Once I entered a hockey bracket for US$10. I don’t know anything about hockey, but hockey stats are easy to find, so I went ahead and bet the teams with the best track record for each round.

For the last round, I didn’t have good data to differentiate the teams, so I picked the teams with the most aggressive players as recorded by hockeyfights.com.

I entered my bracket and another hockey-ignoramus like me did, too. That’s when I got the bright idea to hedge my bet. I traded him half of my bracket for half of his. Since neither of us knew much, this was probably a fair trade at the time.

Now we were both twice as likely to win. But we’d each win half as much.

In the end, we won! Specifically, his bracket won and I owned half of it, so I won.

Did I make the right choice?

Well I won, didn’t I?

There were some other options I could have taken instead.

- I could have hedged my bet with a more experienced bettor.
- I could have hedged my bet with several people.
- I could have entered several brackets of my own.

I’ll tackle that last one first.

There were 20 brackets entered in our pool that year. I entered one of them and my friend entered one of them. Before our 50/50 trade, I had a 1/20 chance of winning (ignore the fact that everyone else knew more than me). That increased to 2/20 once we traded. Double chances.

If I had entered another bracket, I would have a 2/21 chance of winning. Without working it out, you can probably remember that 2/21 is smaller than 2/20. I would have a slightly smaller chance of winning slightly more money.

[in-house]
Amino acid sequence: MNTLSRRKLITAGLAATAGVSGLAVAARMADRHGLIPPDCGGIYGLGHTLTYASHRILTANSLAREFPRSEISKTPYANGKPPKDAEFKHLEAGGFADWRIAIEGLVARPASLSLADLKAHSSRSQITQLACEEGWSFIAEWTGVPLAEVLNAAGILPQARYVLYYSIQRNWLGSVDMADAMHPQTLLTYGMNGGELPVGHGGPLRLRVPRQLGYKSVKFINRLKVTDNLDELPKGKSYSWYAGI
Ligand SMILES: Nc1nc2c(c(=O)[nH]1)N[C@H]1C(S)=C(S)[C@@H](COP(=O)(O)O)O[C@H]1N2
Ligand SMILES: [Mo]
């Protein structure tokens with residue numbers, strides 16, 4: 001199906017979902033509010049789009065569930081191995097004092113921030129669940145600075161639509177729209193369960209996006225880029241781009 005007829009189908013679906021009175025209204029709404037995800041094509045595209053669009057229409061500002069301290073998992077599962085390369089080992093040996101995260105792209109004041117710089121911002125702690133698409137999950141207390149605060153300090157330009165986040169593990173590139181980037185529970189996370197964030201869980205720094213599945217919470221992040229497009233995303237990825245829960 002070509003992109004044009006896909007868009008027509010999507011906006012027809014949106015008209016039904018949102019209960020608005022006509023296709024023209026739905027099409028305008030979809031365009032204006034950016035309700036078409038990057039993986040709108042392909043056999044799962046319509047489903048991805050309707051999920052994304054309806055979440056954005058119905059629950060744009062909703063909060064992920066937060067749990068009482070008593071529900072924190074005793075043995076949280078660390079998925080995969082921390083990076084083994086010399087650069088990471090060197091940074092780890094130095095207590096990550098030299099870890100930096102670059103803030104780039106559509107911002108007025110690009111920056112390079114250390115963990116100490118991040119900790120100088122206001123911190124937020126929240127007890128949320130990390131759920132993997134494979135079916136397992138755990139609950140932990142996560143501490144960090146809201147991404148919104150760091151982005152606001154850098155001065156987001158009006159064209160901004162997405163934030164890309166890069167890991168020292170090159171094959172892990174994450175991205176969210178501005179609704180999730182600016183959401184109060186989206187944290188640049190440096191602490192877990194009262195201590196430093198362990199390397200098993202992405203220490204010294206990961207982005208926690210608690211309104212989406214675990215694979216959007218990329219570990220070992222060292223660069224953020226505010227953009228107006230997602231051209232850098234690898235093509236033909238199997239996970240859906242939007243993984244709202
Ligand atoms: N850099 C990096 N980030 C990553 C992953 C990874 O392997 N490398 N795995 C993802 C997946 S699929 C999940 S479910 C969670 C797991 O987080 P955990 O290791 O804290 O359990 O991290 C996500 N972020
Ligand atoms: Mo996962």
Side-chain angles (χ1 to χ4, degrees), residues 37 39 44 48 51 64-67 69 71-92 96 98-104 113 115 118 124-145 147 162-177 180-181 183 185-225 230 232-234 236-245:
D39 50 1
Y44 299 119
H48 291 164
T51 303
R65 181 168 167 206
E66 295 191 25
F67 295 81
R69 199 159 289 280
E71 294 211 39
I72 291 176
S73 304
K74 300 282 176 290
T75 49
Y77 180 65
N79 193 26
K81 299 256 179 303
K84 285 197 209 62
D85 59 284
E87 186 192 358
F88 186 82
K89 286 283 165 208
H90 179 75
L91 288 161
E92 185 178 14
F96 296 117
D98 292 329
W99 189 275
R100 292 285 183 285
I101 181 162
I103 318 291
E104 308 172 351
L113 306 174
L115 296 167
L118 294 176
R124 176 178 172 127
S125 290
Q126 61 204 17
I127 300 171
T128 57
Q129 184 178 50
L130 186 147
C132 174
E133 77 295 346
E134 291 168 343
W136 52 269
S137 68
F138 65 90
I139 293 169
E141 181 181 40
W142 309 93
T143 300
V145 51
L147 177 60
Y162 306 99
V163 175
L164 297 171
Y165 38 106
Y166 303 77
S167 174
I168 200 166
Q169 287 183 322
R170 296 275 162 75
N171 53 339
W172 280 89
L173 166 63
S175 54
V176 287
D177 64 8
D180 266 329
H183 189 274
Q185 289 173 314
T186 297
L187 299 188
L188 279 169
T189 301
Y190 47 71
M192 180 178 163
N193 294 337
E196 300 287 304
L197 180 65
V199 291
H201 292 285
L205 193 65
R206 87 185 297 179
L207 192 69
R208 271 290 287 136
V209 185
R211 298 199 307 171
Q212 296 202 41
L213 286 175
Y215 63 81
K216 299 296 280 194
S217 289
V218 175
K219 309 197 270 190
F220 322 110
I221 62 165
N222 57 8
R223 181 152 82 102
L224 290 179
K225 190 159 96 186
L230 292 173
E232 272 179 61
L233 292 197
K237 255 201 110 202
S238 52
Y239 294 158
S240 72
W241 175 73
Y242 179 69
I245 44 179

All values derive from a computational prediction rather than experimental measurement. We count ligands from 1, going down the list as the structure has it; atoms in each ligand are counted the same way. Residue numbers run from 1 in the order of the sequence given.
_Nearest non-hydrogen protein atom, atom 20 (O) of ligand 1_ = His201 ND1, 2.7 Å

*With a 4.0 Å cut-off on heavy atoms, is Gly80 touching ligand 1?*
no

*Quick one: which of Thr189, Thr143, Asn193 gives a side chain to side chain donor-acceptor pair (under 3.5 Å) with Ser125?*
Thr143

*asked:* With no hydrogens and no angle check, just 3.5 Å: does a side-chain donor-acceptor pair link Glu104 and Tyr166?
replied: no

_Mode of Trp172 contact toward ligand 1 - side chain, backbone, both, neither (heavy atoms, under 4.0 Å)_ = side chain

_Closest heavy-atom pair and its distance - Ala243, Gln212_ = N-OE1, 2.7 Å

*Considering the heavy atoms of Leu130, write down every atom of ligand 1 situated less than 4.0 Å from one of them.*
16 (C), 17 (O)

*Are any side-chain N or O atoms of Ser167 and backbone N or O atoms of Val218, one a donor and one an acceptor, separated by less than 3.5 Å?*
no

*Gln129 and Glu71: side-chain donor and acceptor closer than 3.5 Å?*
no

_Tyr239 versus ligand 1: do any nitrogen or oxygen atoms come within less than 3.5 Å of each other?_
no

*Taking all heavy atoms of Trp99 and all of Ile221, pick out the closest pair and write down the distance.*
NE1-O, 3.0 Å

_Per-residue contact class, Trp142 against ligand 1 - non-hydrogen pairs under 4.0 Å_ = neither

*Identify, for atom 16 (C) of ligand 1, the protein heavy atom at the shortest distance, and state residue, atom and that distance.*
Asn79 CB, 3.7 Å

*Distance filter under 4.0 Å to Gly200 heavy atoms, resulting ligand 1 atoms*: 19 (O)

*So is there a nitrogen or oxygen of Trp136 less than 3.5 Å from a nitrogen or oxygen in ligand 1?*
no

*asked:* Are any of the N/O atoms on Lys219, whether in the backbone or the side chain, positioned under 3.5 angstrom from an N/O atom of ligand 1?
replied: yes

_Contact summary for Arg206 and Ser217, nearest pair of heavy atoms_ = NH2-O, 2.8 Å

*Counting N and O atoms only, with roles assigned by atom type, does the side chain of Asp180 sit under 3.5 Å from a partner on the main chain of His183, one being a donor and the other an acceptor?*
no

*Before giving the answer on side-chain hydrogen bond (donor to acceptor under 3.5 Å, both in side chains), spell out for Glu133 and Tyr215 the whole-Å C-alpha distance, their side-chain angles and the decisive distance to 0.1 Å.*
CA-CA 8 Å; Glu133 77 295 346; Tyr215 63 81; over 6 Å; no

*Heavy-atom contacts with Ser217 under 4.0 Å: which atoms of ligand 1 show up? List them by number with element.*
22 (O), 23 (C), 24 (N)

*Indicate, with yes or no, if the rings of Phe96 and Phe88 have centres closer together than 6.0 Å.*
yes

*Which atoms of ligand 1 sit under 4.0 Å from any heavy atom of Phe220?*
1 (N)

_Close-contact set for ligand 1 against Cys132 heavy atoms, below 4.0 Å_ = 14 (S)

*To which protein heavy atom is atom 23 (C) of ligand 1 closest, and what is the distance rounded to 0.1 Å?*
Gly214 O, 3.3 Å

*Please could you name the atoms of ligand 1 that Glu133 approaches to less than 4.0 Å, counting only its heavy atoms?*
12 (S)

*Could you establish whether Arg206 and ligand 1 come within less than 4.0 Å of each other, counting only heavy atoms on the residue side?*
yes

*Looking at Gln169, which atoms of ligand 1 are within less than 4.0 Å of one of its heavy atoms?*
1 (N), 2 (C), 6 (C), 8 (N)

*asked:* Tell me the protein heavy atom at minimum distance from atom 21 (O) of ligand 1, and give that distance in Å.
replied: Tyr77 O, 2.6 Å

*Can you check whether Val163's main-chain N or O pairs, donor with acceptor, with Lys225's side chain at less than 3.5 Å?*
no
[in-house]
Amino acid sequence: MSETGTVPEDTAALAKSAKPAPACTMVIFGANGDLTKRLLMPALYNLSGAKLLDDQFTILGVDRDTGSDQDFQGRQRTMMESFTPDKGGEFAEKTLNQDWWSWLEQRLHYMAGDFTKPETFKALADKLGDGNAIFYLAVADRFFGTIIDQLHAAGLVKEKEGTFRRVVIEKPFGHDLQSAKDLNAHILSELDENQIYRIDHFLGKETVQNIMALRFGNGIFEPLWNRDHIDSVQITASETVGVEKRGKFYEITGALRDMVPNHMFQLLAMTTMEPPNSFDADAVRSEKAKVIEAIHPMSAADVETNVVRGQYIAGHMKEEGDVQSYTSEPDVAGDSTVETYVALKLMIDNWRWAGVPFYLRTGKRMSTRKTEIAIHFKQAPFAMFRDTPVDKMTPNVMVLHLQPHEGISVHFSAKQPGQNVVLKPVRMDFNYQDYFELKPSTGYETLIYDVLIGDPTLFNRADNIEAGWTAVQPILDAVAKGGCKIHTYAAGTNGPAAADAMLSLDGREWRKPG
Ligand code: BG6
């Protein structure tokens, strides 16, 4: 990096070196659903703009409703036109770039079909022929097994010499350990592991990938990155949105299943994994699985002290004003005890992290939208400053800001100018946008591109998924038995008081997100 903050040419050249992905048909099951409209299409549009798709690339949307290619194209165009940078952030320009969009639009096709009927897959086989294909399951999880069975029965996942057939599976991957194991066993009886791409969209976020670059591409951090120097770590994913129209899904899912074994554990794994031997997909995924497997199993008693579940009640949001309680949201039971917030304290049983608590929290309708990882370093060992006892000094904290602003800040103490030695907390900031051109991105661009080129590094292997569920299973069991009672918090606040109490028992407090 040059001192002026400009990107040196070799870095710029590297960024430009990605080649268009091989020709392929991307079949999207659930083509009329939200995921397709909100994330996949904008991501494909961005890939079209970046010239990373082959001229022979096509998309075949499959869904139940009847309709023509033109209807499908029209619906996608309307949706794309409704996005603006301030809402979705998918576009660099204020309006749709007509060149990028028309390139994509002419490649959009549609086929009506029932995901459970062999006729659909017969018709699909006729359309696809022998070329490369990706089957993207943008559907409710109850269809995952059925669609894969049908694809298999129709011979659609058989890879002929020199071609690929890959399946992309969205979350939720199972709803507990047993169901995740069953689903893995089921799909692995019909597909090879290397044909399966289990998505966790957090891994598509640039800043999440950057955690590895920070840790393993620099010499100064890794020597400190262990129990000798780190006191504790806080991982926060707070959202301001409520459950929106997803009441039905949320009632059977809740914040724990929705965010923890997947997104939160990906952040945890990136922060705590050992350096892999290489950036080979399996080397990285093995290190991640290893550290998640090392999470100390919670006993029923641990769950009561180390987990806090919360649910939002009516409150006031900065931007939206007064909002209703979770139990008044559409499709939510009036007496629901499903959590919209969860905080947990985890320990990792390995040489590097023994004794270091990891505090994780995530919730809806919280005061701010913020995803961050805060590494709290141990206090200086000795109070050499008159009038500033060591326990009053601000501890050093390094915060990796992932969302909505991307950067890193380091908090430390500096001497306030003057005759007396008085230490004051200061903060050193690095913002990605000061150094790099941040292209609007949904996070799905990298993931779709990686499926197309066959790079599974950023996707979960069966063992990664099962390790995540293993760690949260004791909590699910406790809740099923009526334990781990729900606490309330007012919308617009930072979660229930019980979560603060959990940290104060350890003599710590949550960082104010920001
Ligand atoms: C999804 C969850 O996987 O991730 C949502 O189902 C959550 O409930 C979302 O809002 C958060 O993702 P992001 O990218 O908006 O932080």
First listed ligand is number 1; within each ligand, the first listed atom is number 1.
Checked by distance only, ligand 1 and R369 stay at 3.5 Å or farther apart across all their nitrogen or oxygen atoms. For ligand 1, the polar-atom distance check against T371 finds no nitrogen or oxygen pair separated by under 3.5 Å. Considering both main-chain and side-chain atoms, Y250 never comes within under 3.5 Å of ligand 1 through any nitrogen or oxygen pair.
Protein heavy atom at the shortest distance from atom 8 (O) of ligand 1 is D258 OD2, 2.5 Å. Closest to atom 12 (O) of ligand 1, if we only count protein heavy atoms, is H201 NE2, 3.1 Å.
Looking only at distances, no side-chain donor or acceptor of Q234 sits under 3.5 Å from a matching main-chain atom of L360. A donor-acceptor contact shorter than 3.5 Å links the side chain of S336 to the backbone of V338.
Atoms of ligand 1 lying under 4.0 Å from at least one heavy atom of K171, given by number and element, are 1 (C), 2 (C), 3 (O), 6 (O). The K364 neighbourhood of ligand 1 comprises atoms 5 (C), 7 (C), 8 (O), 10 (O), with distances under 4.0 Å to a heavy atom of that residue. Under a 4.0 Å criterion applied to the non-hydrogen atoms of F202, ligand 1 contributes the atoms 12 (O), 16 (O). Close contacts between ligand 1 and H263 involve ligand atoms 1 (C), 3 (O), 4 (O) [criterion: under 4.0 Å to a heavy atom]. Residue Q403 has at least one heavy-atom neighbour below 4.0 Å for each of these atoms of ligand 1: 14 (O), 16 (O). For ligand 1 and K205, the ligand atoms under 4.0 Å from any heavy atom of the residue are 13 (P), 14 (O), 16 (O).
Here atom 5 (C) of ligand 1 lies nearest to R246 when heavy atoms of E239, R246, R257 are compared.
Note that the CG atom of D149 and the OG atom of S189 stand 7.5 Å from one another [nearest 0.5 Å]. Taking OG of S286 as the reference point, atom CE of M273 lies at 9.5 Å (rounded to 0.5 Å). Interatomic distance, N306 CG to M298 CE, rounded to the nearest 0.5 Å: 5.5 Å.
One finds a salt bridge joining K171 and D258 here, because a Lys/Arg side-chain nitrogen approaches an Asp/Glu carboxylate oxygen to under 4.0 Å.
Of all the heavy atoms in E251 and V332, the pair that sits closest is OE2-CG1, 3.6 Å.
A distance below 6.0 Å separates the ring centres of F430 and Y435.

But the right way to think about this is to imagine I had already won my fraction of the prize. When you do the math, you realize my “expected” winnings were $10 for each of my brackets. And it’s the same for both alternatives. Both alternatives were worth $10.

But wait, that doesn’t make sense. Imagine I’d owned 90% of the brackets. I’d have paid 90% of the money, but I’d have a whole 90% chance of winning everybody else’s money. That’s good, right? If I did this same thing every year, I’d win 90% of the time, lose everything 10% of the time and after a couple decades I’d… be exactly even.

I have to accept, my intuitive sense of probability got the better of me. However, I only had to pay $10 for the privilege of probably throwing away my money, which is a cheaper life lesson than $20 if I’d bought two brackets.

But wait! Everyone else knew better about hockey than did my friend or I. Maybe if I had traded with one of them I’d be better off. That’s the first alternative option on my list above.

As it turns out, it’s so hard to pick a good bracket, no one can really do it consistently. Maybe you guessed that, because you already know it’s statistically impossible to pick a perfect bracket. My chances of winning would not budge if I made a deal with someone who knew the sport well.

The remaining option on my list was to attempt to make deals with more people. If I had made even deals with everyone, I’d have traded 19 pieces of my bracket for equal pieces of everyone else’s brackets. And I would have a 100% chance to win. I would have a 100% chance to win $10 exactly, because whoever won, I’d only get 1/20th of their $200.

All of these alternatives had the same effect. With the little information I had, all my alternatives were worth $10 to me.

That’s because it was designed that way. Everyone has an even shot at the beginning, and everyone pays the same to get in the game. It’s fair. It’s pure luck.

Later, things get interesting. Some brackets lose and the chances go up for everyone else. In the last round, it may even be possible to predict a winner with a better than 50/50 chance. That’s the time to make your move.

I won! I half won!

The time I hedged my bet at the beginning. That doesn't make any sense. But there are no drawbacks either. https://t.co/94IW35aicO

— Dan Kuck-Alvarez (@dankuck) January 25, 2017